"A strong dollar was necessary for globalization to expand, but when/if there is a retrenchment from globalization by U.S. politicians, there's no incentive to keep the dollar strong since owners of capital can't freely move their capital across borders anyway." -David Zervos, chief market strategist, Jefferies, in a note

"If Trump comes in, it's dollar negative, no matter what, in my opinion," said Thin. He added that Clinton would be "steady as she goes," more like the status quo.

"If his possibilities rise, I think that will be seen as introducing new areas of uncertainty, whereas Clinton will be viewed by the market place as something where policy is largely continuous, in terms of what we've seen in the Obama administration," said Ruskin.

David Zervos, chief market strategist at Jefferies, wrote in a note that the dollar could be influenced over the long term by populism, not just surrounding Trump.

"A strong dollar was necessary for globalization to expand, but when/if there is a retrenchment from globalization by U.S. politicians, there's no incentive to keep the dollar strong since owners of capital can't freely move their capital across borders anyway," he wrote in a note. He said a move away from globalization would hit the dollar, just as the U.K.'s vote to leave the European Union hurt the pound.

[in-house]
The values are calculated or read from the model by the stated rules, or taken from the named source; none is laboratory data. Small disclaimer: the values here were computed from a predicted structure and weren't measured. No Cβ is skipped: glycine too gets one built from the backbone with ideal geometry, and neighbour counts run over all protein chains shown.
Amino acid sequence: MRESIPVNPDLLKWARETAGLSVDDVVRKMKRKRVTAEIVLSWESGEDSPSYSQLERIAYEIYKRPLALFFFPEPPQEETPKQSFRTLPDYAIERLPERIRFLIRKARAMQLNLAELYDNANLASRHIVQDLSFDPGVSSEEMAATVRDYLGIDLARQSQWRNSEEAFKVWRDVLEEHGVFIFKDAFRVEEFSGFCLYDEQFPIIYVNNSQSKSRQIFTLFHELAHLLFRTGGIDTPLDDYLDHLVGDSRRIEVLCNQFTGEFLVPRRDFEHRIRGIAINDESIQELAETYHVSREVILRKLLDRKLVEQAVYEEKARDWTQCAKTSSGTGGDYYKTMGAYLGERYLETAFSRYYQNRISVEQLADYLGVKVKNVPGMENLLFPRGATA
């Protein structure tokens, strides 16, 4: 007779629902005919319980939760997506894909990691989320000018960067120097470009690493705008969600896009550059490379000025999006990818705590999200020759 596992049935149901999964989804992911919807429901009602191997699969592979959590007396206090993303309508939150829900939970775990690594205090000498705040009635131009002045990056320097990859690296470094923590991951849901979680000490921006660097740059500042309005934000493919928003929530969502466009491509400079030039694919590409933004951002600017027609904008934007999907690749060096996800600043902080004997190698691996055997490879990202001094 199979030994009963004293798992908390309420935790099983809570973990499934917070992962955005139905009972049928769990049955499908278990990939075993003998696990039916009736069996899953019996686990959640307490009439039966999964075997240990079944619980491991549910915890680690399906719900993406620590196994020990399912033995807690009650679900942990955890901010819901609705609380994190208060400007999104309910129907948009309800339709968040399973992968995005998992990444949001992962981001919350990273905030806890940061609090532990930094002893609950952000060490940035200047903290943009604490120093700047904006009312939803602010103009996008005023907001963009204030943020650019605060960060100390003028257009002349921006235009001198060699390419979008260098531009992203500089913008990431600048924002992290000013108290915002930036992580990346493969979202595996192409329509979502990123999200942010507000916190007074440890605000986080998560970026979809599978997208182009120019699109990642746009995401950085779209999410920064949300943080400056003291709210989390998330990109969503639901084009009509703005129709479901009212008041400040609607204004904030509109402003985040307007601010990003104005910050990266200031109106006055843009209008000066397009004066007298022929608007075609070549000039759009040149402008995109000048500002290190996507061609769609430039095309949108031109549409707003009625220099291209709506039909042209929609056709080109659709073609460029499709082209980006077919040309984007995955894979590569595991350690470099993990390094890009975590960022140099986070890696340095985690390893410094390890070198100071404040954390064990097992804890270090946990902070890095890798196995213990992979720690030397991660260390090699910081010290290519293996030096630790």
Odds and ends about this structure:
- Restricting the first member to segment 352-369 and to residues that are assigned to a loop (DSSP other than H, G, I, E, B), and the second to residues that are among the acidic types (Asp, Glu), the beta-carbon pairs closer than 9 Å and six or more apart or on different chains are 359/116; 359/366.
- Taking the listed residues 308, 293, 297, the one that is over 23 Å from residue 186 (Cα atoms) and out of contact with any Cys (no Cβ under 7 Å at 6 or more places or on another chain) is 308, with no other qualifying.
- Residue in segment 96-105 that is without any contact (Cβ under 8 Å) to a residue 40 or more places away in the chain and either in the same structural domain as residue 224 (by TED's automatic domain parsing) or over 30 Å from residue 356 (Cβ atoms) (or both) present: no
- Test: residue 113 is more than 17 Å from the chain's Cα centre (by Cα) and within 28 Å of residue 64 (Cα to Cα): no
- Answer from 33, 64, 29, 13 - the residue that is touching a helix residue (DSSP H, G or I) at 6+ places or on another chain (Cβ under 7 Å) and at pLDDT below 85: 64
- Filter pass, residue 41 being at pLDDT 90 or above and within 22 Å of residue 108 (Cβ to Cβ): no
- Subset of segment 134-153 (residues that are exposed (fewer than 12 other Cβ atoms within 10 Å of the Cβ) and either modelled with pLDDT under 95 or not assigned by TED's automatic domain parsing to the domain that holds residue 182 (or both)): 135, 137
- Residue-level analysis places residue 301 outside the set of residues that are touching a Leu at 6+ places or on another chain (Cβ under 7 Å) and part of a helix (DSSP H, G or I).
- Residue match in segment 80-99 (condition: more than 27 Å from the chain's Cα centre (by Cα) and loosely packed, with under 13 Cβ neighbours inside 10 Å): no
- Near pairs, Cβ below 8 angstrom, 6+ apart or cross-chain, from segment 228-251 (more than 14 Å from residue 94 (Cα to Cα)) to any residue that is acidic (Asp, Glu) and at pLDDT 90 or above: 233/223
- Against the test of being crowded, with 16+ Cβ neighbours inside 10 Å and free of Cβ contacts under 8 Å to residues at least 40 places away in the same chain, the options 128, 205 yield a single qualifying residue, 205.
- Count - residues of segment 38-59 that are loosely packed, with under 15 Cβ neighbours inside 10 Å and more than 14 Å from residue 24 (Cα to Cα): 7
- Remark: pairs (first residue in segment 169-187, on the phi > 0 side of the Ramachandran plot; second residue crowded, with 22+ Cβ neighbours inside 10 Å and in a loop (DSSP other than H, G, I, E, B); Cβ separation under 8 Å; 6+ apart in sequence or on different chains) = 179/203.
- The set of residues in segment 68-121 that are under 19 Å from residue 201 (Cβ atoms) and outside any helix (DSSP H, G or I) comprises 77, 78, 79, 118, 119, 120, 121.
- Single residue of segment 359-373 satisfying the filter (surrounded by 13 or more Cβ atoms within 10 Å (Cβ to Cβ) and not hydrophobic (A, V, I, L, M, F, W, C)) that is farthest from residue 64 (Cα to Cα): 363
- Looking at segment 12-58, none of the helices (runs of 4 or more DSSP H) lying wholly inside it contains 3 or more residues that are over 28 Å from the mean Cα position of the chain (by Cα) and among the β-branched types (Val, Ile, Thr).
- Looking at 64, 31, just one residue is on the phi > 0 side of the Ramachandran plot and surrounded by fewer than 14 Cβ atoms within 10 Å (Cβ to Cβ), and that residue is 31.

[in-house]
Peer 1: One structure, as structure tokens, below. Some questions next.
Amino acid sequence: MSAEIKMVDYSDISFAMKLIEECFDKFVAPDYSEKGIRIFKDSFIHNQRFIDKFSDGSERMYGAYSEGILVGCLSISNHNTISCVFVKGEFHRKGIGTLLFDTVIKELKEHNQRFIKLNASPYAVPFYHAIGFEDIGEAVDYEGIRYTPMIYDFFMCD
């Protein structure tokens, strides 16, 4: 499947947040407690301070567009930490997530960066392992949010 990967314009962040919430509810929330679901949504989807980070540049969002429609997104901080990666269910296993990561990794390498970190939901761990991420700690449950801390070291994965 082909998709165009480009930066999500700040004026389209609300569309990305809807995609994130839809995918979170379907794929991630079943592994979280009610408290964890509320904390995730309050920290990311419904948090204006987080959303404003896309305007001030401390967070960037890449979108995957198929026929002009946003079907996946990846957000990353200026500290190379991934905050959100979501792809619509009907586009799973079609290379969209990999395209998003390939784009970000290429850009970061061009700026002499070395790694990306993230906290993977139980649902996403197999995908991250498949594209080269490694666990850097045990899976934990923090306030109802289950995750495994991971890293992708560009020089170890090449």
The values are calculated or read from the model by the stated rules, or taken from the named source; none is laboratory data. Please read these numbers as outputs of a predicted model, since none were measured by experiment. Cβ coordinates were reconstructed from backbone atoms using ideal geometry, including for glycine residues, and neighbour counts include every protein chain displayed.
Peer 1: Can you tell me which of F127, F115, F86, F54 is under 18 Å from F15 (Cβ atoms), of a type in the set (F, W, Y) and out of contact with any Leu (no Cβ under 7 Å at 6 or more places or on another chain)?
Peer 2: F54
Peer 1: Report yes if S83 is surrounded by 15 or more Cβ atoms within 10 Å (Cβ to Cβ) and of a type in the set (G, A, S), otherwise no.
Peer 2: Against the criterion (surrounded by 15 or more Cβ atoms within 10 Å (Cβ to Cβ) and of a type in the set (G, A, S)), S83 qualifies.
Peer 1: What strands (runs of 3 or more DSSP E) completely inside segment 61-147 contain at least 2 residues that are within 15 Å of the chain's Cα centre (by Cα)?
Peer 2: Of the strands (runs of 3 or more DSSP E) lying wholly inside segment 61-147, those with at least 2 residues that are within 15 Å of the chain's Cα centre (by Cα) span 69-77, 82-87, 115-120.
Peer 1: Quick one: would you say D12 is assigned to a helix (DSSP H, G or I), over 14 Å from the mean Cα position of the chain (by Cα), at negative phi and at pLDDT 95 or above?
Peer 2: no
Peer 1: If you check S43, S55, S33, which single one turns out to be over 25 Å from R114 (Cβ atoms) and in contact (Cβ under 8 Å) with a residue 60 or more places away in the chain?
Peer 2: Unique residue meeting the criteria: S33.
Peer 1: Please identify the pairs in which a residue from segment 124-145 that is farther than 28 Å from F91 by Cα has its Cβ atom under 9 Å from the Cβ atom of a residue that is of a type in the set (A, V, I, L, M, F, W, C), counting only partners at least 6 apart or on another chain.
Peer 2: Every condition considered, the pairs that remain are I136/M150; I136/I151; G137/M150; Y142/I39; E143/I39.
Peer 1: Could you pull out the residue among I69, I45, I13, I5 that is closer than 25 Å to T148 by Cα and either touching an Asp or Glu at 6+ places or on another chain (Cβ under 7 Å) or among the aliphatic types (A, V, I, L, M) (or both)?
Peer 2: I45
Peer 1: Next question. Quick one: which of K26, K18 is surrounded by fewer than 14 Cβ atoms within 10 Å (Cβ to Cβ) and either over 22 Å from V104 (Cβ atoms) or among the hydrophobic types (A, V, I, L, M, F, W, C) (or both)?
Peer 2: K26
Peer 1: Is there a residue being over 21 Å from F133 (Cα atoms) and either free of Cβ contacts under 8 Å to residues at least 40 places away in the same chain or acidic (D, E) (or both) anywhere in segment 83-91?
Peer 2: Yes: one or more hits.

Zervos said for that reason he likes a short U.S. dollar against Latin American currencies — Peru, Argentina, Colombia and Brazil.

"The market is just not excited about anything going on," said Boris Schlossberg of BK Asset Management. "The belief is even if the Fed wanted to do something, the rest of the world is moving the other way. They don't really want to tip the scales in terms of tightening. I don't think they think the global economy is strong enough to take a hit."

Schlossberg said the easing in Europe, Japan and elsewhere could stymie the Fed. "The euro is kind of range bound, and the yen is a huge problem for everything because it continues to strengthen. The Japanese have run out of ideas and options," he said.

He said the yen looks set to continue rising. Dollar/yen was at 101.20. "The market is obviously gunning for 100. The Japanese themselves have said they cannot have the yen at 100. That creates deflation they can't combat. Short of intervention at this point, their options are limited," he said.

The U.S. presidential election is not driving the currency market in his view, but the actions of politicians could change post-election, and that could be a positive.

"It's monetary policymakers that are driving the dollar. I think there's a very slow but discernible shift by fiscal policymakers to finally take control of the economy. This whole idea of austerity is dying a slow death," said Schlossberg.

Both Trump and Clinton are pushing plans that would immediately boost infrastructure spending. Japan too recently announced a big fiscal stimulus plan.

"I think if this election is bringing anything to the forefront, it's the idea that it's time for fiscal officials to take control of the economy," Schlossberg said.